Cerebral microvascular nNOS responds to lowered oxygen tension through a bumetanide-sensitive cotransporter and sodium-calcium exchanger

Holly D. Bauser-Heaton, Jin Song, H. Glenn Bohlen

Research output: Contribution to journalArticle

13 Scopus citations


Na+ cotransporters have a substantial role in neuronal damage during brain hypoxia. We proposed these cotransporters have beneficial roles in oxygen-sensing mechanisms that increase periarteriolar nitric oxide (NO) concentration ([NO]) during mild to moderate oxygen deprivation. Our prior studies have shown that cerebral neuronal NO synthase (nNOS) is essential for [NO] responses to decreased oxygen tension and that endothelial NO synthase (eNOS) is of little consequence. In this study, we explored the mechanisms of three specific cotransporters known to play a role in the hypoxic state: KB-R7943 for blockade of the Na+/Ca2+ exchanger, bumetanide for the Na+-K+-2Cl- cotransporter, and amiloride for Na+/H+ cotransporters. In vivo measurements of arteriolar diameter and [NO] at normal and locally reduced oxygen tension in the rat parietal cortex provided the functional analysis. As previously found for intestinal arterioles, bumetanide-sensitive cotransporters are primarily responsible for sensing reduced oxygen because the increased [NO] and dilation were suppressed. The Na+/Ca2+ exchanger facilitated increased NO formation because blockade also suppressed [NO] and dilatory responses to decreased oxygen. Amiloride-sensitive Na +/H+ cotransporters did not significantly contribute to the microvascular regulation. To confirm that nNOS rather than eNOS was primarily responsible for NO generation, eNOS was suppressed with the fusion protein cavtratin for the caveolae domain of eNOS. Although the resting [NO] decreased and arterioles constricted as eNOS was suppressed, most of the increased NO and dilatory response to oxygen were preserved because nNOS was functional. Therefore, nNOS activation secondary to Na+-K +-2Cl- cotransporter and Na+/Ca2+ exchanger functions are key to cerebral vascular oxygen responses.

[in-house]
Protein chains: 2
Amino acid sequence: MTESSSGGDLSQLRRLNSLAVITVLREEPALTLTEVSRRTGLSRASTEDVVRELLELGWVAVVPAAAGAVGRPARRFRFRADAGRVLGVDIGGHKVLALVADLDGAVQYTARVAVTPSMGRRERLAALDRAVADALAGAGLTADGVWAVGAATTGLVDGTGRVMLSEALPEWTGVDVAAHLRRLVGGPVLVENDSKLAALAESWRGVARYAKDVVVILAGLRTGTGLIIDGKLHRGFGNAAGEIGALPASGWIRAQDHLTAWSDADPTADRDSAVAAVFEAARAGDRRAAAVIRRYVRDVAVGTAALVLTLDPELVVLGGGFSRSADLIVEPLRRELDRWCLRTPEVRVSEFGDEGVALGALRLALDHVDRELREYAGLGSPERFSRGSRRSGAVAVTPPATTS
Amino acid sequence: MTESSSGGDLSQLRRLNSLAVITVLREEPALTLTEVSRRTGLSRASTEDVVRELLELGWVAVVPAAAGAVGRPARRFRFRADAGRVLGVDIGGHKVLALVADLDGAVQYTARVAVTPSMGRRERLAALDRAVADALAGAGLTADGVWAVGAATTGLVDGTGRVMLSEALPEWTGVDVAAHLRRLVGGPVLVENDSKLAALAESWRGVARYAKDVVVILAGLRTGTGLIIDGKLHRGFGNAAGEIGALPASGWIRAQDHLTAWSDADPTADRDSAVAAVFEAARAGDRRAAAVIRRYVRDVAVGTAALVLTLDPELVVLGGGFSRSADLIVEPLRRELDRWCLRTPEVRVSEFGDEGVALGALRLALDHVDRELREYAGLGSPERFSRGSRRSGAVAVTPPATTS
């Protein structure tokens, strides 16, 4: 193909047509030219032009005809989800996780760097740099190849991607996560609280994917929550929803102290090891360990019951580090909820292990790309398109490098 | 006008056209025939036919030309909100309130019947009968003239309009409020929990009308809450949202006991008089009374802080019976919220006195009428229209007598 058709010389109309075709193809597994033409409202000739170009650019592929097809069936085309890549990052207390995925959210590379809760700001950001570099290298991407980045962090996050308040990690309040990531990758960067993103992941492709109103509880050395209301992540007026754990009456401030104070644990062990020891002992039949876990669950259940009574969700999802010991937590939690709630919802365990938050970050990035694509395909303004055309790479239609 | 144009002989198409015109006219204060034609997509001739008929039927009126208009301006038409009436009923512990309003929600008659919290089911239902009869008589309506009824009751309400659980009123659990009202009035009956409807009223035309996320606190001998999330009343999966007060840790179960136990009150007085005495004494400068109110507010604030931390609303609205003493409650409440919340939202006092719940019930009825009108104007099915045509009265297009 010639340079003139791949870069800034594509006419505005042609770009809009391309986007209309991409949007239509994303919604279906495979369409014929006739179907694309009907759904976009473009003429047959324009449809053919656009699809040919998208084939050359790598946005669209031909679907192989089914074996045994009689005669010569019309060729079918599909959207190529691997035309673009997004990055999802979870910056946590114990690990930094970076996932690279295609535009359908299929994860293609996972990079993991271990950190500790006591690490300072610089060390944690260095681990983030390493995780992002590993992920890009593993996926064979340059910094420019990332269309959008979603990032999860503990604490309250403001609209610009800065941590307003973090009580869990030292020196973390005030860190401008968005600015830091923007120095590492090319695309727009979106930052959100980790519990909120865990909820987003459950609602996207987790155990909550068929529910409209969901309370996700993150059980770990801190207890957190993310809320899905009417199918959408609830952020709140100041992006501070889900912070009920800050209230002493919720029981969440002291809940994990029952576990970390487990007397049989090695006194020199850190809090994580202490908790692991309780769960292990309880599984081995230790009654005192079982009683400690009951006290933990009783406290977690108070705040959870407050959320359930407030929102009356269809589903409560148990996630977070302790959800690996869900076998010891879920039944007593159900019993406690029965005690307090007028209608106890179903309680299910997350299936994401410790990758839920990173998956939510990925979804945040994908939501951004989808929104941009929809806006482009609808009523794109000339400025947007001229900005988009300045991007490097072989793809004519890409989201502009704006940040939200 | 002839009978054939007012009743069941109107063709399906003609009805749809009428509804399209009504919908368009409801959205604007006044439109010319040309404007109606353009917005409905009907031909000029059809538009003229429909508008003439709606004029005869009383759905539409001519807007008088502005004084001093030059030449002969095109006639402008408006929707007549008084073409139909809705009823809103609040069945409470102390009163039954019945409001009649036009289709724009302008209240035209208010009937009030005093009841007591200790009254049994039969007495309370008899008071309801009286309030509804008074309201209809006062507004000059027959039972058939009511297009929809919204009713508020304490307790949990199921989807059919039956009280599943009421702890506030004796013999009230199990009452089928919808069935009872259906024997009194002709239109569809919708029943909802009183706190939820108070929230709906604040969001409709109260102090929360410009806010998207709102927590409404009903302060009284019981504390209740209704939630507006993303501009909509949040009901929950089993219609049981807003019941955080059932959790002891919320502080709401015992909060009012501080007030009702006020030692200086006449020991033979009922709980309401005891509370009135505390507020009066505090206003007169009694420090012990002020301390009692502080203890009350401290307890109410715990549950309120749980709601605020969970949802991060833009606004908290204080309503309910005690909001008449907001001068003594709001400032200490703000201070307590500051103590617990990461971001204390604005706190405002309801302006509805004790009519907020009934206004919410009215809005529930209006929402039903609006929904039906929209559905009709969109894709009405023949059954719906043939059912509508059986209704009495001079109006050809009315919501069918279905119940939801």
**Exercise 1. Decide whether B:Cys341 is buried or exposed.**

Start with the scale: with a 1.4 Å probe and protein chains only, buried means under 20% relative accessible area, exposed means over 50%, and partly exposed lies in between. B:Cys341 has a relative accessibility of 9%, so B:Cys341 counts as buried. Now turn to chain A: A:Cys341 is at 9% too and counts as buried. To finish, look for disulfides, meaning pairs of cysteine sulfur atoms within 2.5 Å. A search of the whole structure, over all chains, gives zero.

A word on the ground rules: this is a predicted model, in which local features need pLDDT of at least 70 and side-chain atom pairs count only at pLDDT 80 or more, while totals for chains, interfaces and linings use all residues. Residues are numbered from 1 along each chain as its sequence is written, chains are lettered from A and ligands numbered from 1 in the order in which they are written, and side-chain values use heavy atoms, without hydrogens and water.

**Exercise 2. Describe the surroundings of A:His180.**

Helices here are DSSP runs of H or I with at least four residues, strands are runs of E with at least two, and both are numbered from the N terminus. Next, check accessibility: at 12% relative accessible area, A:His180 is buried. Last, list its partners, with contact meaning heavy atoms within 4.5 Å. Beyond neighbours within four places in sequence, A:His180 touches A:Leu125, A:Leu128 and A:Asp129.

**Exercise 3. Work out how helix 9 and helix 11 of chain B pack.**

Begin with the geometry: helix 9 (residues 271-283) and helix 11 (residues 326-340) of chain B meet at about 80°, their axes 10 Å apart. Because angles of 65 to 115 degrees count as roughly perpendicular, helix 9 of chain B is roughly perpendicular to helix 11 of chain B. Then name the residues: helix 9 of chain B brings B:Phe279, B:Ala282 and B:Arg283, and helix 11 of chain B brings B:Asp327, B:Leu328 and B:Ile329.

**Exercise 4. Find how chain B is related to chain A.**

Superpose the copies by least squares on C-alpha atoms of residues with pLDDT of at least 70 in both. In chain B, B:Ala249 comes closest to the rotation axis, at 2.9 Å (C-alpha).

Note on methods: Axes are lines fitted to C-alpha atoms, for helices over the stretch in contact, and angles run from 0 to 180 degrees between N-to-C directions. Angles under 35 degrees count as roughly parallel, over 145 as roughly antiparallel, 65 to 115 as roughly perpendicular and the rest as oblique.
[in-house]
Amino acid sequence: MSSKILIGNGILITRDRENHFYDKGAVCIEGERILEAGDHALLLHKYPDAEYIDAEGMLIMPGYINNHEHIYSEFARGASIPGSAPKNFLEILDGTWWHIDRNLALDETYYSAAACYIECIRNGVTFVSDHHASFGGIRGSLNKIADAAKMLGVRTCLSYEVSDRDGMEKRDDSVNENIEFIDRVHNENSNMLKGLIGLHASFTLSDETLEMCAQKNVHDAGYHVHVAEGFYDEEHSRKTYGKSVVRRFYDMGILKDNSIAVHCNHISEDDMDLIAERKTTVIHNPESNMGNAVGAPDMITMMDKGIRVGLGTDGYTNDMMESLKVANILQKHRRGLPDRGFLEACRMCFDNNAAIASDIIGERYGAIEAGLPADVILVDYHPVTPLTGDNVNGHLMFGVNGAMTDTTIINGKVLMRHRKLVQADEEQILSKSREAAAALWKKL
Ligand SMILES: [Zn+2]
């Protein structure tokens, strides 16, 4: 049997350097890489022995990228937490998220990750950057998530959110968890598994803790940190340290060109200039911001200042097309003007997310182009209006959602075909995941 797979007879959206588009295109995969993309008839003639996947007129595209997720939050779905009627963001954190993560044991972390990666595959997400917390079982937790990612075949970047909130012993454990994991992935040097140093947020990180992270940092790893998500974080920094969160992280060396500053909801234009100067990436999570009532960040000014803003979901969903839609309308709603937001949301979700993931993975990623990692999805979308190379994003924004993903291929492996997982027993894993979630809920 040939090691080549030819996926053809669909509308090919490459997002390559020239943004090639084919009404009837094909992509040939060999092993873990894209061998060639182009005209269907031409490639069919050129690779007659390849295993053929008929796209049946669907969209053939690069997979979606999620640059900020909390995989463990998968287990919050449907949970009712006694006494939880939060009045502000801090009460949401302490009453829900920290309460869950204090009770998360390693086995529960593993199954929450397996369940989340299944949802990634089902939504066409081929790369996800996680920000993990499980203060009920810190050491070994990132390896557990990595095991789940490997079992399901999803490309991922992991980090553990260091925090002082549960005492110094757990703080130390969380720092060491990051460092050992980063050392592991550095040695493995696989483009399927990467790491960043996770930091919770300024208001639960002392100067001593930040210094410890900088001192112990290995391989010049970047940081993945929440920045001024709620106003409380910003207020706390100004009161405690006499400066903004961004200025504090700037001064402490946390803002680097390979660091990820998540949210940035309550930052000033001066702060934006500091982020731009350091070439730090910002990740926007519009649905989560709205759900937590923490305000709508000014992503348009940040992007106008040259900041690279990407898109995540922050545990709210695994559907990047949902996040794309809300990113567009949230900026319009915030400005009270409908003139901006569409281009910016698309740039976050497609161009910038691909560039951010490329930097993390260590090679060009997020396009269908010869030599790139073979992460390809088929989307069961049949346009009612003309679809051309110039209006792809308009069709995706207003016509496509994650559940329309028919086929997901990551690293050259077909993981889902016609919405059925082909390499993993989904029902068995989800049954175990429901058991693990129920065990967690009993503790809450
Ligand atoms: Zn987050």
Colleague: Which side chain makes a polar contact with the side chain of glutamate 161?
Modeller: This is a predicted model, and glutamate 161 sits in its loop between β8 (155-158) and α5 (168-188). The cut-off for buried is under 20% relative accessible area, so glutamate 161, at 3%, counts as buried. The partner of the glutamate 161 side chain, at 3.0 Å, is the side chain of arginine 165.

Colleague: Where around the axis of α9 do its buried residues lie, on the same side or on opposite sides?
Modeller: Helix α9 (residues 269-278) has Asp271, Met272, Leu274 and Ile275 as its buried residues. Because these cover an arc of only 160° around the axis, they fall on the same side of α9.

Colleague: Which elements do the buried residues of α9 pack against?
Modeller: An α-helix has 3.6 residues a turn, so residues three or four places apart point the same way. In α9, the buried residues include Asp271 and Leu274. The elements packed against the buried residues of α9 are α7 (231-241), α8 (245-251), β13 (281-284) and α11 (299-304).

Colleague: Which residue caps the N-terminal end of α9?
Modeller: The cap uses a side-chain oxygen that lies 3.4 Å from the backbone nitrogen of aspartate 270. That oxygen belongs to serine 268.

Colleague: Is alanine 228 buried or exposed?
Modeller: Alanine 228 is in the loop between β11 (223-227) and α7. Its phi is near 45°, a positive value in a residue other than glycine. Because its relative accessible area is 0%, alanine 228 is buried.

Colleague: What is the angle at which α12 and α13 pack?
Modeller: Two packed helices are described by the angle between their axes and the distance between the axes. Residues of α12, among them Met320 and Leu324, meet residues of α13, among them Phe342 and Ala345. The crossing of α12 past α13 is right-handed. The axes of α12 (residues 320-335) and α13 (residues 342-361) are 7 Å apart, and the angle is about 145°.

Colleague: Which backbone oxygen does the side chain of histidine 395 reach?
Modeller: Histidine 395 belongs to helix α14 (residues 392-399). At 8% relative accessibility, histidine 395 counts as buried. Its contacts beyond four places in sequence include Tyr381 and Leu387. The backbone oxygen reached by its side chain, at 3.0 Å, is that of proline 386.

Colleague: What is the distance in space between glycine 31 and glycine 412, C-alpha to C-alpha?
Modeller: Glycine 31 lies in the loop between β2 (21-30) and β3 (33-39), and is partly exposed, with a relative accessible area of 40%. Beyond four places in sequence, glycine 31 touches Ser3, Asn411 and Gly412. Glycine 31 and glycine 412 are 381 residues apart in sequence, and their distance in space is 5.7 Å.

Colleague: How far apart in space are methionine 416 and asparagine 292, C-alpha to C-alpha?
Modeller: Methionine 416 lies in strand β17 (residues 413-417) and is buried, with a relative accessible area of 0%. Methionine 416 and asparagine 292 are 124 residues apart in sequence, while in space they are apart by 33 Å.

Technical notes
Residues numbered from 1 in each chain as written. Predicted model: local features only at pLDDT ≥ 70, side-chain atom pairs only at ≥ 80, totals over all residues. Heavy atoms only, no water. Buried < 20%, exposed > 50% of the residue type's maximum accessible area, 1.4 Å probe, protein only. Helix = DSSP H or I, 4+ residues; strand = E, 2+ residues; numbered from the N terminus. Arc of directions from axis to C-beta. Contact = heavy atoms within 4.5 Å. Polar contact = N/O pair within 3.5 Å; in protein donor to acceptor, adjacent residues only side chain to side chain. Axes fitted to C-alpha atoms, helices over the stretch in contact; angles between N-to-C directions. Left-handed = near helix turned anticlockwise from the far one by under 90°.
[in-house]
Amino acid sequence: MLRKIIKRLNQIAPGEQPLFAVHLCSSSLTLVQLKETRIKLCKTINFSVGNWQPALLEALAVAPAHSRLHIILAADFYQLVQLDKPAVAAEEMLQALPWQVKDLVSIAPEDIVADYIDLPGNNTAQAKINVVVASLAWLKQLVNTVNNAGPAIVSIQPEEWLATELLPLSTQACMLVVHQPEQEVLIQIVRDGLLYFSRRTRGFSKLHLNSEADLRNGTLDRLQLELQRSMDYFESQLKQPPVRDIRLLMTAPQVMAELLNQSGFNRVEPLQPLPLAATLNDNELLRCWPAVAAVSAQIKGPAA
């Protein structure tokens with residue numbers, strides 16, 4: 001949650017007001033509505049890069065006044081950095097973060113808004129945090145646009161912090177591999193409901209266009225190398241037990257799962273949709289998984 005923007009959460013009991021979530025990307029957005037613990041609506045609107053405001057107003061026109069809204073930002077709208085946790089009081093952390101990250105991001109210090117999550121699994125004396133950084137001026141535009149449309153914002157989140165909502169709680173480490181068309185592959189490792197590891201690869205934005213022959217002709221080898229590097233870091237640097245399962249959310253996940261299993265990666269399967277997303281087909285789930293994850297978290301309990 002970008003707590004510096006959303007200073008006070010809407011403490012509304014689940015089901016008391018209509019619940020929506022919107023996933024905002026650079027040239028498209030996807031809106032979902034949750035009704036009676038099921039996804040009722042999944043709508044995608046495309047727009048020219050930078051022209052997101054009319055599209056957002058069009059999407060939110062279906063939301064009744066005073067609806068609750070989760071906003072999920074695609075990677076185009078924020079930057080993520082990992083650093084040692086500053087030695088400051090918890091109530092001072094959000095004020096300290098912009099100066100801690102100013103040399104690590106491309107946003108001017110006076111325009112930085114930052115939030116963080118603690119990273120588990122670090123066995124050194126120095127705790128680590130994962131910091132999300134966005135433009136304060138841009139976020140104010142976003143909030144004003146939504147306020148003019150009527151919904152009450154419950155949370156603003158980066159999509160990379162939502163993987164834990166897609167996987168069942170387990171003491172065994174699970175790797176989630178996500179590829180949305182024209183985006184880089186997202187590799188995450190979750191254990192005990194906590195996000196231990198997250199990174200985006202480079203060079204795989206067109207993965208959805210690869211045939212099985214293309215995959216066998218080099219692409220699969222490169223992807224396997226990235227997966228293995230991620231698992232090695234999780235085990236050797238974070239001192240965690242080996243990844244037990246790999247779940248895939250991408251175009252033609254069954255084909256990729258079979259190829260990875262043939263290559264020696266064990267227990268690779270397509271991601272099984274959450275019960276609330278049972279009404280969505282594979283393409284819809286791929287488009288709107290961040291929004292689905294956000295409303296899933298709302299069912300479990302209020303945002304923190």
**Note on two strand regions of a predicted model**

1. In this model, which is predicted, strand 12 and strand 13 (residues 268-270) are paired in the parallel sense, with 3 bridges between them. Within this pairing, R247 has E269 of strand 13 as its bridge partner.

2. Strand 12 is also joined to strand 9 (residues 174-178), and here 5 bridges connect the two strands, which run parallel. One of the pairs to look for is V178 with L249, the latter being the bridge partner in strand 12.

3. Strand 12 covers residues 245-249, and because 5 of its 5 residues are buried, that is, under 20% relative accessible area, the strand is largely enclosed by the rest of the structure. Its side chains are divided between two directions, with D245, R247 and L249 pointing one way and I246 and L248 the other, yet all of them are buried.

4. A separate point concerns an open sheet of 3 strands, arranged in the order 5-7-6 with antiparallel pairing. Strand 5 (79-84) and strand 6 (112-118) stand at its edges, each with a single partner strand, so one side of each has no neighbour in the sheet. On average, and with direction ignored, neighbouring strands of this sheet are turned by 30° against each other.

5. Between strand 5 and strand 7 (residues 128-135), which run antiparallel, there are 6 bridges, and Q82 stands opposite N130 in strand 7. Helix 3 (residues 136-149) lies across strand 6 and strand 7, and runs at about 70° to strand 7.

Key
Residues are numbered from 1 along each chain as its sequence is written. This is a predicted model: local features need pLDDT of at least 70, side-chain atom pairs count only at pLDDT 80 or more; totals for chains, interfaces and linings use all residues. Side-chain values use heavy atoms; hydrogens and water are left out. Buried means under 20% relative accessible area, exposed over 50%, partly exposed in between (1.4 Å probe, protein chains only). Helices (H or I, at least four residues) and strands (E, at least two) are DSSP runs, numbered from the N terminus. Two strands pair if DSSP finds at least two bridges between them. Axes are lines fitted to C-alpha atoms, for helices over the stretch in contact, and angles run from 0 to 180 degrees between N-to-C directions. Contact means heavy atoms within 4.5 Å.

Original languageEnglish (US)
Pages (from-to)H2166-H2173
JournalAmerican Journal of Physiology - Heart and Circulatory Physiology
Issue number5
StatePublished - May 1 2008


  • Brain
  • Endothelial nitric oxide synthase
  • Neuronal nitric oxide synthase

ASJC Scopus subject areas

  • Physiology
  • Physiology (medical)
  • Cardiology and Cardiovascular Medicine

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